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Rasmussen Throws Cold Water on Romney’s Post-Debate Bounce

While it’s still too early to judge the size of Romney’s post-debate bounce, some of the worst news for Mitt is coming from an unlikely source: the traditionally-GOP leaning Rasmussen Reports.

Although Rasmussen initially lurched in Romney’s direction, Rasmussen’s national tracking poll now shows a tied race. Similarly, their state polls in Iowa and Colorado show Obama actually making gains since their pre-debate polls, giving Romney an average post-debate gain of just .2 points within Rasmussen polls—and moving the pollster-wide average of a post-debate shift to a slim Romney+2.8.

And the evidence of even .2 points worth of movement is relatively weak. Obama’s post-DNC lead averaged just .7 points in Rasmussen’s national tracker, suggesting few, if any gains. the movement in Rasmussen’s state polls looks more like regression to the mean than evidence of genuine movement. Notice that Romney made gains in Florida and Virginia, two states where Rasmussen’s prior polling leaned less toward Romney than the average, but Romney lost ground in Colorado and Iowa, two states where Romney’s prior polling was a little too good to be true.

Additionally, the Iowa and Colorado polls were conducted entirely on Sunday, and Rasmussen’s decent results for the president were consistent with a strong polling day in the national tracker, as well as in PPP’s poll of Virginia.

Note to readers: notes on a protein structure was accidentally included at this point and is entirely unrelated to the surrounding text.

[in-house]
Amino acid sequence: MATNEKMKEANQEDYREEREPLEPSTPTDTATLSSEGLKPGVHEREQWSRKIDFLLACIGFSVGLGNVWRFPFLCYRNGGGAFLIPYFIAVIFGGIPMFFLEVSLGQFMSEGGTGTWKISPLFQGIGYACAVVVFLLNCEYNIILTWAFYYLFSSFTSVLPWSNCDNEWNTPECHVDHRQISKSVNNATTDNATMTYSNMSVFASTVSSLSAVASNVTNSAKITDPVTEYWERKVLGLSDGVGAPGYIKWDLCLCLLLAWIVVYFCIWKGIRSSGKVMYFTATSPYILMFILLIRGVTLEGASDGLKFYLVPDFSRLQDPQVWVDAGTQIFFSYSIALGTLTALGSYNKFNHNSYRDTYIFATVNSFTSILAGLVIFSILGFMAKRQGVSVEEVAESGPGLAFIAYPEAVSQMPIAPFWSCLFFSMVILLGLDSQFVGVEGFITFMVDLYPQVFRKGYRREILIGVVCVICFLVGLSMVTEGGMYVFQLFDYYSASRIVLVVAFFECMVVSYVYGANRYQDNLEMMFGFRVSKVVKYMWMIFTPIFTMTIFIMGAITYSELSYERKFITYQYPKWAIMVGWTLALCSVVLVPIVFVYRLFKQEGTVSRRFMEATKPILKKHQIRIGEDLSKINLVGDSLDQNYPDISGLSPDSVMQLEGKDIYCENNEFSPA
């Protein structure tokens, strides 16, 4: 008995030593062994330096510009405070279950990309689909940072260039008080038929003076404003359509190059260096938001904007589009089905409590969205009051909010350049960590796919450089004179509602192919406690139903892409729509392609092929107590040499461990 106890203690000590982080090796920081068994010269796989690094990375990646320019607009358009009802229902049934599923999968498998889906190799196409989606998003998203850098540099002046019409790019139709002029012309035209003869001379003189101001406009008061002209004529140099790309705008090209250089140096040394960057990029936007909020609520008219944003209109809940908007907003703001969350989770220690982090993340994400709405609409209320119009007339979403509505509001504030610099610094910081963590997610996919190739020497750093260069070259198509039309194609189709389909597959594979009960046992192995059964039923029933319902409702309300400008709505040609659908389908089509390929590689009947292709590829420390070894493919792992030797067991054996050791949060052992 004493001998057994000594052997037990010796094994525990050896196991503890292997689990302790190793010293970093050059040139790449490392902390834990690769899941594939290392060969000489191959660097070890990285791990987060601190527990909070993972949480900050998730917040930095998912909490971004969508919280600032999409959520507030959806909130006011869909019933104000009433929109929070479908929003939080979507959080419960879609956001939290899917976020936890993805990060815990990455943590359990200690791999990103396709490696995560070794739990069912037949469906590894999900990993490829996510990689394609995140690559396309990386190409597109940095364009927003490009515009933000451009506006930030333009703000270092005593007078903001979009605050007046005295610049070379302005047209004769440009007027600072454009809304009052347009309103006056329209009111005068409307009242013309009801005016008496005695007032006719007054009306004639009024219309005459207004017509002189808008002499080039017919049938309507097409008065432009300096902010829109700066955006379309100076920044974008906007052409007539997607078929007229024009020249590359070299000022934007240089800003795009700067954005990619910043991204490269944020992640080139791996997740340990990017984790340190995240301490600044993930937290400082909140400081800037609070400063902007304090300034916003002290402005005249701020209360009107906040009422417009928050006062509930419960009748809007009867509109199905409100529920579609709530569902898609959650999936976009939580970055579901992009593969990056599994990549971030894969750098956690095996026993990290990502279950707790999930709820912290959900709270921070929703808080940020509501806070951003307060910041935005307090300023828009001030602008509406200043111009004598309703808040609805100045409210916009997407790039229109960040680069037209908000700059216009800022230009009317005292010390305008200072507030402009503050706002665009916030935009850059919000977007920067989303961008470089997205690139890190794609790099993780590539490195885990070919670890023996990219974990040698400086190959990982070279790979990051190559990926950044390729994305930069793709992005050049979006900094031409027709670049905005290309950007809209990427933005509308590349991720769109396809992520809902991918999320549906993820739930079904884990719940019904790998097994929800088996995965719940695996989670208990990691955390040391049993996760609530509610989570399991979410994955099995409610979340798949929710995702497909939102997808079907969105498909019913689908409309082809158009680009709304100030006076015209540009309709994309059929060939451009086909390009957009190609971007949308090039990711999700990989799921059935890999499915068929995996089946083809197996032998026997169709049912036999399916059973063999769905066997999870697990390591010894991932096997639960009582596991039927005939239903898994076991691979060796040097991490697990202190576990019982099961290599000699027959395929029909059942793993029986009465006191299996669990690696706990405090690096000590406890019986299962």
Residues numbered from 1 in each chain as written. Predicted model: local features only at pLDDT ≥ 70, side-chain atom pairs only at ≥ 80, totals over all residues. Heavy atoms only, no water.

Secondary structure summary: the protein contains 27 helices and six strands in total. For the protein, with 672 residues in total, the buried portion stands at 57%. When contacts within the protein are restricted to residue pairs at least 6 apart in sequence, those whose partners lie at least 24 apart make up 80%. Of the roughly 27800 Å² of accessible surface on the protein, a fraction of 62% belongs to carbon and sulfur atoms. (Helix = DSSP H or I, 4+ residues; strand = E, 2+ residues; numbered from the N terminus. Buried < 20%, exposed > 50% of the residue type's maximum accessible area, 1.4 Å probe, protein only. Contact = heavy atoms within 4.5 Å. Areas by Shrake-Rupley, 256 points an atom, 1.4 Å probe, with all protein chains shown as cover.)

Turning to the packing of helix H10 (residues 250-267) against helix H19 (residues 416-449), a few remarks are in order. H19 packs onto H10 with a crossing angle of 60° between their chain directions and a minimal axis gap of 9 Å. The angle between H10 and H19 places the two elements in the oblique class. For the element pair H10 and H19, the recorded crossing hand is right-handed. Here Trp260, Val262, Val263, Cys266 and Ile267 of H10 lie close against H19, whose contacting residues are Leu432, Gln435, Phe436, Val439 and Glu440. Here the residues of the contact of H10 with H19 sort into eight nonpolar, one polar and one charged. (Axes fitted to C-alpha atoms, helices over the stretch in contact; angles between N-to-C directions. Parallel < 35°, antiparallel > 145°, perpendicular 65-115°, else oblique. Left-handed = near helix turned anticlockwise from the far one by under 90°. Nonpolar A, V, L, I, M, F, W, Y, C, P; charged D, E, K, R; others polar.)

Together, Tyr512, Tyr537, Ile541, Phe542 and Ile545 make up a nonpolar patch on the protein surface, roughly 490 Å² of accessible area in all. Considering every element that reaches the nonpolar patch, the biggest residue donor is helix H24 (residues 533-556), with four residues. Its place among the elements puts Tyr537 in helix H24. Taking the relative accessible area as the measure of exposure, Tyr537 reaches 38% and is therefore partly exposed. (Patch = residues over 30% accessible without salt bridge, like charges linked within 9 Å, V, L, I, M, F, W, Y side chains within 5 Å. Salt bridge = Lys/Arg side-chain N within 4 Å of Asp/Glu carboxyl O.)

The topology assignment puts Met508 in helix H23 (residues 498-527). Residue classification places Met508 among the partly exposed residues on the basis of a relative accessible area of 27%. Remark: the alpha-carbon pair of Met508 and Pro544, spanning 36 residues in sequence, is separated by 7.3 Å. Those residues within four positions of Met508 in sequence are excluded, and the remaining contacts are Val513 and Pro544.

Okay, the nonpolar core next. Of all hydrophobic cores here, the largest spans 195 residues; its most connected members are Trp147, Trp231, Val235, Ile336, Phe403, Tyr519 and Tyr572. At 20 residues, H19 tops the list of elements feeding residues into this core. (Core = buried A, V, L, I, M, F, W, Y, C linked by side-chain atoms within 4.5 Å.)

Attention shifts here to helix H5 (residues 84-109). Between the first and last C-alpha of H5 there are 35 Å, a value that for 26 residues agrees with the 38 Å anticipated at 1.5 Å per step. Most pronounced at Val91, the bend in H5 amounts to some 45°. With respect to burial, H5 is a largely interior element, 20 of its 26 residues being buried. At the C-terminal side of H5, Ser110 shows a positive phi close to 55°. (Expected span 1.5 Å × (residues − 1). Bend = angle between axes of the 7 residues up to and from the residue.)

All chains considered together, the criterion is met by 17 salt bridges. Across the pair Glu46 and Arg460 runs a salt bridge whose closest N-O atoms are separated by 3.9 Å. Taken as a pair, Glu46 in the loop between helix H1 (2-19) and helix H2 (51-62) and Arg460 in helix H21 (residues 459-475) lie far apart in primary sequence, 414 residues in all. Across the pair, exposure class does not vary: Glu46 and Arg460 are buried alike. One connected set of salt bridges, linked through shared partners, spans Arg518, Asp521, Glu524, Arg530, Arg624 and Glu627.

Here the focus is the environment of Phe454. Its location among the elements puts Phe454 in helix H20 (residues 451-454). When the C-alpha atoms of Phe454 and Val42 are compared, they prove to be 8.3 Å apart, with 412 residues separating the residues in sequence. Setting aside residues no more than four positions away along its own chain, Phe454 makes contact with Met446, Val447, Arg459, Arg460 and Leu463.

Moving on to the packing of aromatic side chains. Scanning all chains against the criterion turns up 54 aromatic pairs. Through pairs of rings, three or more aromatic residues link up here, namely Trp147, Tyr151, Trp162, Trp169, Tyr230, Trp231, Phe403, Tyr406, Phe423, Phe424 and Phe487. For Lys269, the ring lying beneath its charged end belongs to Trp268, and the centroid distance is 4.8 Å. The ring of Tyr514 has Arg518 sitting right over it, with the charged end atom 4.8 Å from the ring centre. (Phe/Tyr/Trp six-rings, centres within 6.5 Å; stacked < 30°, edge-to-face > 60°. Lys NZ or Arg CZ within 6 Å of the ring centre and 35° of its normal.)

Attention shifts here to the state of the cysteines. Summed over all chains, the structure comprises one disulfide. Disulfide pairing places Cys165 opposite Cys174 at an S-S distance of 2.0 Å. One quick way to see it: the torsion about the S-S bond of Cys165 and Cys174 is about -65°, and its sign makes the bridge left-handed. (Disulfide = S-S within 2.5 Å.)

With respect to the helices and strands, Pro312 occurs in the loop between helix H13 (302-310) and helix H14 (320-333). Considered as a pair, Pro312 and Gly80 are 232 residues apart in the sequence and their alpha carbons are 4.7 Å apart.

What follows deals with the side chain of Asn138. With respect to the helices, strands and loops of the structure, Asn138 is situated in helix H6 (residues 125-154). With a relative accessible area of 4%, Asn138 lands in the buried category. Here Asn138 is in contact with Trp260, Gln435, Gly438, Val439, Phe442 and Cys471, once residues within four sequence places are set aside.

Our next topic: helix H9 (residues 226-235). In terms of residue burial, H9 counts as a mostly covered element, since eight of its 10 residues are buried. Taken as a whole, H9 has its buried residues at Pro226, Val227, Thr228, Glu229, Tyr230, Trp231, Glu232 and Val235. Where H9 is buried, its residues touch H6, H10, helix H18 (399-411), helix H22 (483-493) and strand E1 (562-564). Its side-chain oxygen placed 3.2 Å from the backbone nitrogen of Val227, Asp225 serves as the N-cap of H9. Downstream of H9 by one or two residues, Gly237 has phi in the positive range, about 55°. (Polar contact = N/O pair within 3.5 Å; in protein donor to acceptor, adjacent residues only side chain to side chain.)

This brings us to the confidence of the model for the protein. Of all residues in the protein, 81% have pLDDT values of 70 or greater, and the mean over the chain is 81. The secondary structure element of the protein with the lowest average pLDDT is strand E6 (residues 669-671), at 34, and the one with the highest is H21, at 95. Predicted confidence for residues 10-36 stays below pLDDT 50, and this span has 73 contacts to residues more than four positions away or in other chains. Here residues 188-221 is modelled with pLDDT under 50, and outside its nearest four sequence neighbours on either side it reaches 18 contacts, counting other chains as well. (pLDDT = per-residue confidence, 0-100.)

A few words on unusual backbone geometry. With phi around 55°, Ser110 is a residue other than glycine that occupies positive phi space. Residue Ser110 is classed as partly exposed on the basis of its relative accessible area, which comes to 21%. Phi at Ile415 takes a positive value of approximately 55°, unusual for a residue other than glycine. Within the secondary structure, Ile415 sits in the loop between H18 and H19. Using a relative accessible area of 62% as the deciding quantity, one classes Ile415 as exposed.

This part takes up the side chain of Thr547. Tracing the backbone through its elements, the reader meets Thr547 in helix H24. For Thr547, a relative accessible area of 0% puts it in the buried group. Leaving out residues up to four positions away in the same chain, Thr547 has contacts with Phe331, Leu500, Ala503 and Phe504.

One reason why Rasmussen might not show much of a shift in Romney’s direction: if other pollsters’ movement was attributable to a shift in party-ID, then Rasmussen wouldn’t show any shift since they hold party-ID constant. If that’s ultimately the explanation, it might be wise to defer to the other polls.

Ultimately, Rasmussen is just one pollster; the broader set of polls makes it clear that Romney has made gains since the debate. But Rasmussen has conducted more post-debate polling than any other source, so it’s worth noting that their data is driving the numbers back in Obama’s direction. Whether the broader universe of pollsters will eventually side with Rasmussen or not remains to be seen.